Top 100 Album Review: #73 – Back in Black, AC/DC (1980)

A Tasteful Hard Rock Album.

Tasteful in musical composition, not lyrics of course.

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Rolling Stone’s Ranking: #73/100
My Rating: cropped-smooth-star-e1545863035586.jpgcropped-smooth-star-e1545863035586.jpgcropped-smooth-star-e1545863035586.jpgcropped-smooth-star-e1545863035586.jpg

Anything that fits under the genre Hard Rock or Heavy Metal is rat poison to me: the crass lyrics screamed at the decibels of chainsaws just doesn’t do it for me. Actually, it makes me shut-down, and like a nuclear reactor that’s about to explode, I begin an emergency protocol to get the hell away from it as quick as possible.

Considering AC/DC hard rock might be a joke to some — I know if you look at the Rock n’ Roll  continuum, there is such screaming, hard rock out there that in comparison they can look like a Bach coverband.  For me, Back in Black is touching the outer limits of what can be inherently pleasing to me but transcends it by reigning in the “hard/heavy” aspect along with some very good songs.

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Top 100 Album Review: #21 – The Great Twenty-Eight, Chuck Berry (1982)

Now This is Some Driving Music.

Even with being 28 songs, there is so much to enjoy here. 

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Rolling Stone’s Ranking: #21/100
My Rating: cropped-smooth-star-e1545862962550cropped-smooth-star-e1545862962550cropped-smooth-star-e1545862962550cropped-smooth-star-e1545862962550cropped-smooth-star-e1545862962550

Months ago, I took a long trip down to Florida and loaded the phone up with all types of albums. Chuck Berry saved me at just the right time: I hit the country lines of North Carolina and needed something to pep me up. This album is full of old rock n’ roll with many references to automobiles and cruising. It was the perfect antidote.

It also satisfies my self-created rule of what makes a Top 100 album with one killer track (Johnny B. Good) and over half the album being worth-while.

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Top 100 Album Review: #35 – The Rise and Fall of Ziggy Stardust and the Spiders From Mars, David Bowie (1972)

Wham Bam Thank You Ma’am.

The flair and pomp gets more attention, but the album itself is actually good. 91WJORzpHML._SY355_.jpg

Rolling Stone’s Ranking: #35/100
My Rating: cropped-smooth-star-e1545862962550cropped-smooth-star-e1545862962550cropped-smooth-star-e1545862962550cropped-smooth-star-e1545862962550

I was bracing myself for a let down.

Most of the things you find about this album online are about the extracurricular activities: the hairstyles, alter-egos, and concept. I found more words about David Bowie’s supposed sexuality than attention to the music itself. No worries needed here thankfully. There are a handful of great songs that can easily be enjoyed whether you think David’s gay or not.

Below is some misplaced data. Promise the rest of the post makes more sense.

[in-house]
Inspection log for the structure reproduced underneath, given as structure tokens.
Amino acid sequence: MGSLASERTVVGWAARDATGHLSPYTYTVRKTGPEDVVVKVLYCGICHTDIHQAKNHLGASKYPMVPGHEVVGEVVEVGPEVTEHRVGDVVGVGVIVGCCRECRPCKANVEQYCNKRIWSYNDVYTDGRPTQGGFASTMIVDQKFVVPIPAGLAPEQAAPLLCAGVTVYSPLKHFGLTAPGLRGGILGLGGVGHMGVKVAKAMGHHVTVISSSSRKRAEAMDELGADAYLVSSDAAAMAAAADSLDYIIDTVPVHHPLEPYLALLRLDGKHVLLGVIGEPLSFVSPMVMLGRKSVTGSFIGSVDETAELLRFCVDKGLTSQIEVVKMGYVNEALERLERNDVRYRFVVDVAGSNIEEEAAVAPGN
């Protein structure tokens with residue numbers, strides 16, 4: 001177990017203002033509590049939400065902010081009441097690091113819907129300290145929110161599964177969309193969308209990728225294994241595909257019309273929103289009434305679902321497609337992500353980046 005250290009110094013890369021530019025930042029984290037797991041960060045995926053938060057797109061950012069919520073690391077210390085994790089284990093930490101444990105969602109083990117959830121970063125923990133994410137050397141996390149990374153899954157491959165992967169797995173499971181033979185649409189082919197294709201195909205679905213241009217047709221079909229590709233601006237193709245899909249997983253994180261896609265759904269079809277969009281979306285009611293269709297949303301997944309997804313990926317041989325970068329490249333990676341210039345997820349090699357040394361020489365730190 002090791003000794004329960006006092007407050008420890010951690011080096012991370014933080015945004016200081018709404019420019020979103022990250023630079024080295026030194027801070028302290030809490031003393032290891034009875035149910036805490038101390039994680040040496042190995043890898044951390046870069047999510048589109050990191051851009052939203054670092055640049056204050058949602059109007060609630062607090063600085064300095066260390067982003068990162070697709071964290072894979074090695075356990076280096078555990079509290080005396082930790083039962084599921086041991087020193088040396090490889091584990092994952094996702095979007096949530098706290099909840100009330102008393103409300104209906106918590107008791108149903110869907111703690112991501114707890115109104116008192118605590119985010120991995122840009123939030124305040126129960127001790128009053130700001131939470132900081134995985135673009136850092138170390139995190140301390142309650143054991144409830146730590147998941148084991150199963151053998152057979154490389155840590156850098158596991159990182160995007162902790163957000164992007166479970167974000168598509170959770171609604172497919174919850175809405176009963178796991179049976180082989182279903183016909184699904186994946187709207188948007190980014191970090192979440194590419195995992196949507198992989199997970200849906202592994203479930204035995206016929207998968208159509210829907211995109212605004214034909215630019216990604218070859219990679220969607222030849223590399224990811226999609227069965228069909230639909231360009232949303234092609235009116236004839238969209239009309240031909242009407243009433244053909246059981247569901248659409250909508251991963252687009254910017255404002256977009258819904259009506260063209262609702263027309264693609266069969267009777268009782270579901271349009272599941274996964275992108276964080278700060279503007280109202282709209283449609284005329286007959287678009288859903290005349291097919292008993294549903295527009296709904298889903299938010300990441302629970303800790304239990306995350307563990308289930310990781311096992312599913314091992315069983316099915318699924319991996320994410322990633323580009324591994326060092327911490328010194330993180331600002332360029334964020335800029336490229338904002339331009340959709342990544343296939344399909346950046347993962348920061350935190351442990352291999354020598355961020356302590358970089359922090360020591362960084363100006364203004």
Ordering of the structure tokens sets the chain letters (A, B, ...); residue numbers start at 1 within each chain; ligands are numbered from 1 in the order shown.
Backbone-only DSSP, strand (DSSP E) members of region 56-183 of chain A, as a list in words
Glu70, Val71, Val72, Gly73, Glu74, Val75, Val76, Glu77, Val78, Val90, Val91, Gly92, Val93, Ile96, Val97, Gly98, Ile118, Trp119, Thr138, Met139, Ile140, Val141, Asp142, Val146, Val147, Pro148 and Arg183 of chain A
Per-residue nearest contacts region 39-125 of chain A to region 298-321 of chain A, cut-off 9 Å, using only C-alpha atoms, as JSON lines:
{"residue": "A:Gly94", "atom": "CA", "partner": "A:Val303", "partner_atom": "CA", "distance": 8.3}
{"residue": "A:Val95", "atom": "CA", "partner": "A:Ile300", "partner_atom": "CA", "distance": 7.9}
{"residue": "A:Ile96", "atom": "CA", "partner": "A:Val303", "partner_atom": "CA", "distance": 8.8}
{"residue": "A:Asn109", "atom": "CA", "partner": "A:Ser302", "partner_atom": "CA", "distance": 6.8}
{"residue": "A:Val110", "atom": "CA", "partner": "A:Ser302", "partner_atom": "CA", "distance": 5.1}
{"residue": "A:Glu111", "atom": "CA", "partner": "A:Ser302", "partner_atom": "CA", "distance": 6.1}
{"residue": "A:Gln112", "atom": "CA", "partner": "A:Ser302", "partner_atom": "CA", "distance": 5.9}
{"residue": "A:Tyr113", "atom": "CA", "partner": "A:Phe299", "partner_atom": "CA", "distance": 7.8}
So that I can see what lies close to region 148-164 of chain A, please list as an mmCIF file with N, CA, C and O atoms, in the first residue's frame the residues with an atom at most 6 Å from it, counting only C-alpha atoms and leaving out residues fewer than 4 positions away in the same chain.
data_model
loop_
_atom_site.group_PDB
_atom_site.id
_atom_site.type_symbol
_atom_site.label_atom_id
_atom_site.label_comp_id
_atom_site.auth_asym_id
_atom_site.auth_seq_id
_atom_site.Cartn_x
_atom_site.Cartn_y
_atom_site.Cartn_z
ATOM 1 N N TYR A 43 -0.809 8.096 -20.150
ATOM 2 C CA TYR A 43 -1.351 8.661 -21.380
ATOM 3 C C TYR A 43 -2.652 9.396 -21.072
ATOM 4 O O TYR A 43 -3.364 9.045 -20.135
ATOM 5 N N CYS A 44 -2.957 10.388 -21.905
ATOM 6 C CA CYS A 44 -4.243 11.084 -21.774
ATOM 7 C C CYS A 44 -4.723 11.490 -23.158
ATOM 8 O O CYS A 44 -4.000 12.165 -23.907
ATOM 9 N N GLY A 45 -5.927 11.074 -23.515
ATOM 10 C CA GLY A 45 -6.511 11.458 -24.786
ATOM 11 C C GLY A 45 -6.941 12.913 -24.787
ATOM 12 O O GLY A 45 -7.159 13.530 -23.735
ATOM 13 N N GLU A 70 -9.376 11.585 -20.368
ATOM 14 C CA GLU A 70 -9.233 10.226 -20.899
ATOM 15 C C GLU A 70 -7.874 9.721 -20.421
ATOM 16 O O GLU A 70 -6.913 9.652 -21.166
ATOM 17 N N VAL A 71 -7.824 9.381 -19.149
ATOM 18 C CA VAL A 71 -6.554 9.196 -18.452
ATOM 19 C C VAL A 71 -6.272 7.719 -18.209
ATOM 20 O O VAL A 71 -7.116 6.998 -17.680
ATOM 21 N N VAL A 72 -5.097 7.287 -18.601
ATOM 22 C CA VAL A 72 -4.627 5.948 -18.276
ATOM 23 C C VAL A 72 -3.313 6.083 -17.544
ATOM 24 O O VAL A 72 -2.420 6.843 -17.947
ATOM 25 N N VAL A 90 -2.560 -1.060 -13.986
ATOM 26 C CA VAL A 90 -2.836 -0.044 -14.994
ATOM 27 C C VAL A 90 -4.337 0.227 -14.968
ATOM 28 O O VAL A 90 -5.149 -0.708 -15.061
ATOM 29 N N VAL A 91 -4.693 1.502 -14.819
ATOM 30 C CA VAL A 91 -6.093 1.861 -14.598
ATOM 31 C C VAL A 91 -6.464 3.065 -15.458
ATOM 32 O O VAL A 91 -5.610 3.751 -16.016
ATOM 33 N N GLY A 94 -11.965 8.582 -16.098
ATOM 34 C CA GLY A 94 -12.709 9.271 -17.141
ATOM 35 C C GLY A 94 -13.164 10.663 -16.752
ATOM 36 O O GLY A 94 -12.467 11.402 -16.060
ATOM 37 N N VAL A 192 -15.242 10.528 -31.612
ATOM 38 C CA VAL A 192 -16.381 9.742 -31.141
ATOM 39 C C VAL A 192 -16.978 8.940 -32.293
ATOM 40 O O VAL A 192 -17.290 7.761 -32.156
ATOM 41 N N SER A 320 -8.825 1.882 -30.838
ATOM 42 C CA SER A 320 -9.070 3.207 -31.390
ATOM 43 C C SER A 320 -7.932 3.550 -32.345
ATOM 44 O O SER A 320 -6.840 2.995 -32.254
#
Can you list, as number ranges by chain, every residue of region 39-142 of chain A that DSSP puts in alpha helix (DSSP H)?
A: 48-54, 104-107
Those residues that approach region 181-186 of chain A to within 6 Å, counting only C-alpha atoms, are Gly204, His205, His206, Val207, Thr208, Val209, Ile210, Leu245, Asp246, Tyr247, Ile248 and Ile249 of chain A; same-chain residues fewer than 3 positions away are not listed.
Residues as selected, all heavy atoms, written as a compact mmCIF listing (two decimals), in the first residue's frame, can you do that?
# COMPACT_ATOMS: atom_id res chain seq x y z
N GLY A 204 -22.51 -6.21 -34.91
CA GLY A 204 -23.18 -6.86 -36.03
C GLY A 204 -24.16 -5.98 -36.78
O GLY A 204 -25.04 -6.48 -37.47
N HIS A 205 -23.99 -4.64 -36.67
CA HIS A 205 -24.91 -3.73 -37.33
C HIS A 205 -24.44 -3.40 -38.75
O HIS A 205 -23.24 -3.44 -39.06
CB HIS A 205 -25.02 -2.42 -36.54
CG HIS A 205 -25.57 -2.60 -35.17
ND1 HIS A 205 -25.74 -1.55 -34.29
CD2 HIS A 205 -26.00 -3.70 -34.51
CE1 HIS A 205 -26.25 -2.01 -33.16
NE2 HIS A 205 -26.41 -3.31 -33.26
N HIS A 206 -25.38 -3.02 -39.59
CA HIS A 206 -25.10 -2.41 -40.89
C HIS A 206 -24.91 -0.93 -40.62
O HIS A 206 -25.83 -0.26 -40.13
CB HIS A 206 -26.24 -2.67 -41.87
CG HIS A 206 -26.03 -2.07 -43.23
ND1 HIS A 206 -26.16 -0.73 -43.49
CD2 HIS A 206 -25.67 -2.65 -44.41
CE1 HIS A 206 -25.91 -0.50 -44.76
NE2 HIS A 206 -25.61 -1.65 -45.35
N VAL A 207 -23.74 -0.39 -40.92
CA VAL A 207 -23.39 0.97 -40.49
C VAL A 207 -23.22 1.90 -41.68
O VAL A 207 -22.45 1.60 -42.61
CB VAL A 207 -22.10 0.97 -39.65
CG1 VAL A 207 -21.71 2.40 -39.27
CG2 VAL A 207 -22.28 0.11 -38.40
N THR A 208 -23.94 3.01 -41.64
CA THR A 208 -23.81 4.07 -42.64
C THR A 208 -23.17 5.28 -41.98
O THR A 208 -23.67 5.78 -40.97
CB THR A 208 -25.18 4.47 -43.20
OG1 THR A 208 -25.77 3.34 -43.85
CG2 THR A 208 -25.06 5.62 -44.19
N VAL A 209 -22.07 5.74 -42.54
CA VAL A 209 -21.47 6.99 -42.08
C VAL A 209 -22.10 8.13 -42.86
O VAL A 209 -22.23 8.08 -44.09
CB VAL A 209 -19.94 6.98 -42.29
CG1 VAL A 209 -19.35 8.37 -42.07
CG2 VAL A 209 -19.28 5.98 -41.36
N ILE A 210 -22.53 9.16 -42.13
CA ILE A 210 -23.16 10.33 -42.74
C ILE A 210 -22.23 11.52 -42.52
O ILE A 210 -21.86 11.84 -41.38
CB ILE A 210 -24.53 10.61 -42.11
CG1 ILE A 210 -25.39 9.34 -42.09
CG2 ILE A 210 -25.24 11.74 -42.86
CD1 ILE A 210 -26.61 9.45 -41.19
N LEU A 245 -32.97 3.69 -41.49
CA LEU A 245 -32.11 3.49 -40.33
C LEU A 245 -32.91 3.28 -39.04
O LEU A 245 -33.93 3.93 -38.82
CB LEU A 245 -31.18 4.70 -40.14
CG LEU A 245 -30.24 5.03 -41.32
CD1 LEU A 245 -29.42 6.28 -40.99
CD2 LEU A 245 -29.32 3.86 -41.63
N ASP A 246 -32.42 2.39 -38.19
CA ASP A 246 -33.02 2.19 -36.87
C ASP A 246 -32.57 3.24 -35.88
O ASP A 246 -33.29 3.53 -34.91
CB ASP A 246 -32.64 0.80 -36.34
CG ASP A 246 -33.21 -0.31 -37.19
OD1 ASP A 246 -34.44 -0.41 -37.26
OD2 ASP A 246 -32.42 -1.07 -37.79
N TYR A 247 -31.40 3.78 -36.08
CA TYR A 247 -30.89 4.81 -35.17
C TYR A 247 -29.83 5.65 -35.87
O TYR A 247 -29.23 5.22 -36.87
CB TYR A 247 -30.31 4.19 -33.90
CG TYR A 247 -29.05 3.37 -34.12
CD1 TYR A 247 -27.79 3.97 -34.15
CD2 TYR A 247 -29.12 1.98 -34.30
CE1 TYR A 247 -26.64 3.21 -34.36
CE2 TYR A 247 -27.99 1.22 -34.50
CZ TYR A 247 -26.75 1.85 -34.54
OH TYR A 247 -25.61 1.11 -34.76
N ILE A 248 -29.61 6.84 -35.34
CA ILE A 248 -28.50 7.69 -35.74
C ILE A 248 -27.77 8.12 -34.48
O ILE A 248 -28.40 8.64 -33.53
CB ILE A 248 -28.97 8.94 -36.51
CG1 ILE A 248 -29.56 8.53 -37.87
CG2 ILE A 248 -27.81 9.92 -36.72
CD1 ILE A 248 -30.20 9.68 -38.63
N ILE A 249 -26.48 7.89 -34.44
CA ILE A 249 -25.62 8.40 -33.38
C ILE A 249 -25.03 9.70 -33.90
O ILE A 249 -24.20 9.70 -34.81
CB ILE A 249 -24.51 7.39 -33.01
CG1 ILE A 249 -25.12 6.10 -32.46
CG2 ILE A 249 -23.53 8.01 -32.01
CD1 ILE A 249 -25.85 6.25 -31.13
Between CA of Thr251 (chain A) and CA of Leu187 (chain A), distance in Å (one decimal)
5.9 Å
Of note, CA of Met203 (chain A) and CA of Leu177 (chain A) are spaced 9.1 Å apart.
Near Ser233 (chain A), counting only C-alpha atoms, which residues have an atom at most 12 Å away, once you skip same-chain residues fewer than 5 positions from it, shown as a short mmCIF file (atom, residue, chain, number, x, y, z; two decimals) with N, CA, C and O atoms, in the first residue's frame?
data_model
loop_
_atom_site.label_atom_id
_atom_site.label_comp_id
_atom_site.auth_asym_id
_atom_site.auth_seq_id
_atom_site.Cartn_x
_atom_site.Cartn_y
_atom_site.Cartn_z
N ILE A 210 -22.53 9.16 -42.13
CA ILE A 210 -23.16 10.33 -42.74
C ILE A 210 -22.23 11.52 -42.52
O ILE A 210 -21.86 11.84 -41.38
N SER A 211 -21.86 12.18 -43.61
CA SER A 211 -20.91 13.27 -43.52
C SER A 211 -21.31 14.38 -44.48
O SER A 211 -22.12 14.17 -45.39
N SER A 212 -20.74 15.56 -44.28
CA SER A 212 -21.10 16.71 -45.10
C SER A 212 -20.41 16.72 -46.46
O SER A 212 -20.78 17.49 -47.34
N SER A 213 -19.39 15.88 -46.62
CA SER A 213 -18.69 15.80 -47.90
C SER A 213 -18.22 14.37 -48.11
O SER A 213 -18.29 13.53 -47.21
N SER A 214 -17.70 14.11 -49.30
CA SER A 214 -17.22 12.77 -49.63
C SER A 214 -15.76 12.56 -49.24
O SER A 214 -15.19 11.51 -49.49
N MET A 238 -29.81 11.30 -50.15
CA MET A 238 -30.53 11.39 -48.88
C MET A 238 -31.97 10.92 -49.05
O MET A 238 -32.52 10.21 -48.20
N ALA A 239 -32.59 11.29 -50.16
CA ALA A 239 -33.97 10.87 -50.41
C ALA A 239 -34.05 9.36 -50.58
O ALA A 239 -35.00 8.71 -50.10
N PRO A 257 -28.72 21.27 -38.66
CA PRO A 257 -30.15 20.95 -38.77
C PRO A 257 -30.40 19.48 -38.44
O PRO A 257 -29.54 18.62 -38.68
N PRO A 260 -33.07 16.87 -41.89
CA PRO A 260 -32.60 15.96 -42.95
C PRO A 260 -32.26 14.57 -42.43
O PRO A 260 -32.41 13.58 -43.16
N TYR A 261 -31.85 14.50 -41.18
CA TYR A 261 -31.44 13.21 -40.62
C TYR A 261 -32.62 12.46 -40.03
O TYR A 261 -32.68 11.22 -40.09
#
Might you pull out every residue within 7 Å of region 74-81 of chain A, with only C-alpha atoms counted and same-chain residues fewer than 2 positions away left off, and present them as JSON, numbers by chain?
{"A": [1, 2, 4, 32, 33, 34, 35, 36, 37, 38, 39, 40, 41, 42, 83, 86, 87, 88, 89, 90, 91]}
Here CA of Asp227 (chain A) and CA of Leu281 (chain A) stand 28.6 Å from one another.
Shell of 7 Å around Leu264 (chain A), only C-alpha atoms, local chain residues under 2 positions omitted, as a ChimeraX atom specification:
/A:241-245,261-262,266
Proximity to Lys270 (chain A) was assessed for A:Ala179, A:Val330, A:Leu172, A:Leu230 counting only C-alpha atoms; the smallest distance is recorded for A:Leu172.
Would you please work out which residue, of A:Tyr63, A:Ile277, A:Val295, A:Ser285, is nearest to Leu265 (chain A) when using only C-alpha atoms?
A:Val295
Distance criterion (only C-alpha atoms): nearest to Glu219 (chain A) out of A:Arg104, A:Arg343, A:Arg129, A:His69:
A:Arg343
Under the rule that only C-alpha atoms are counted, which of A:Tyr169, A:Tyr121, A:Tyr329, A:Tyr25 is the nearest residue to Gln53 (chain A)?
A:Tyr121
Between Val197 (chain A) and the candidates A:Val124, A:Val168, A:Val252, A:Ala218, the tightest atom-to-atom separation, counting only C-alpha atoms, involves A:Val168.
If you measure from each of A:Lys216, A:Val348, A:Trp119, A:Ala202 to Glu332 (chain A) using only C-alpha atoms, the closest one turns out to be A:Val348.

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Top 100 Album Review: #15 – Are you Experienced, Jimi Hendrix (1967)

What Can Jimi Not Do?

A debut album that show cases the wide range of Hendrix’s talents — guitar riffs, thoughtful lyrics, original compensations. 

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Rolling Stone’s Ranking: #15/100
My Rating: smooth-starsmooth-starsmooth-starsmooth-starsmooth-star

Another example of me listening to the original album when I knew the greatest hits, “Are You Experienced” is a reminder that there is plenty hidden in the full record.

I had previously listened to Ray Charles’ Atlantic R&B Collection and Little Richard’s Eponymous album, and I can’t help but see the continuation of what was becoming a 20 year project: taking the foundations of music and twisting in ways never done before.

Jimi Hendrix’s use of guitar sends you to an incorporeal place, being left in awe of his mastery of the instrument. His interpretation of R&B, gospel, jazz, rock, and soul might be the best attempt yet. Continue reading “Top 100 Album Review: #15 – Are you Experienced, Jimi Hendrix (1967)”

Top 100 Album Review: #50 – Here’s Little Richard, Little Richard (1957)

Wop-bop-a-loo-bop-a-lop-bom-bom!

Little Richard screams, wails and whoops his way through this juke-box-jam of a debut album.

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Rolling Stone’s Ranking: #50/100
My Rating: smooth-starsmooth-starsmooth-star

I have no idea what the onomatopoeia should be for the Little Richard wail he does in every song. It deserves to have it’s own spelling — it’s infectious and oozes with energy. This whole album is rockin’, making you want to Bop and Jitterbug your night away.

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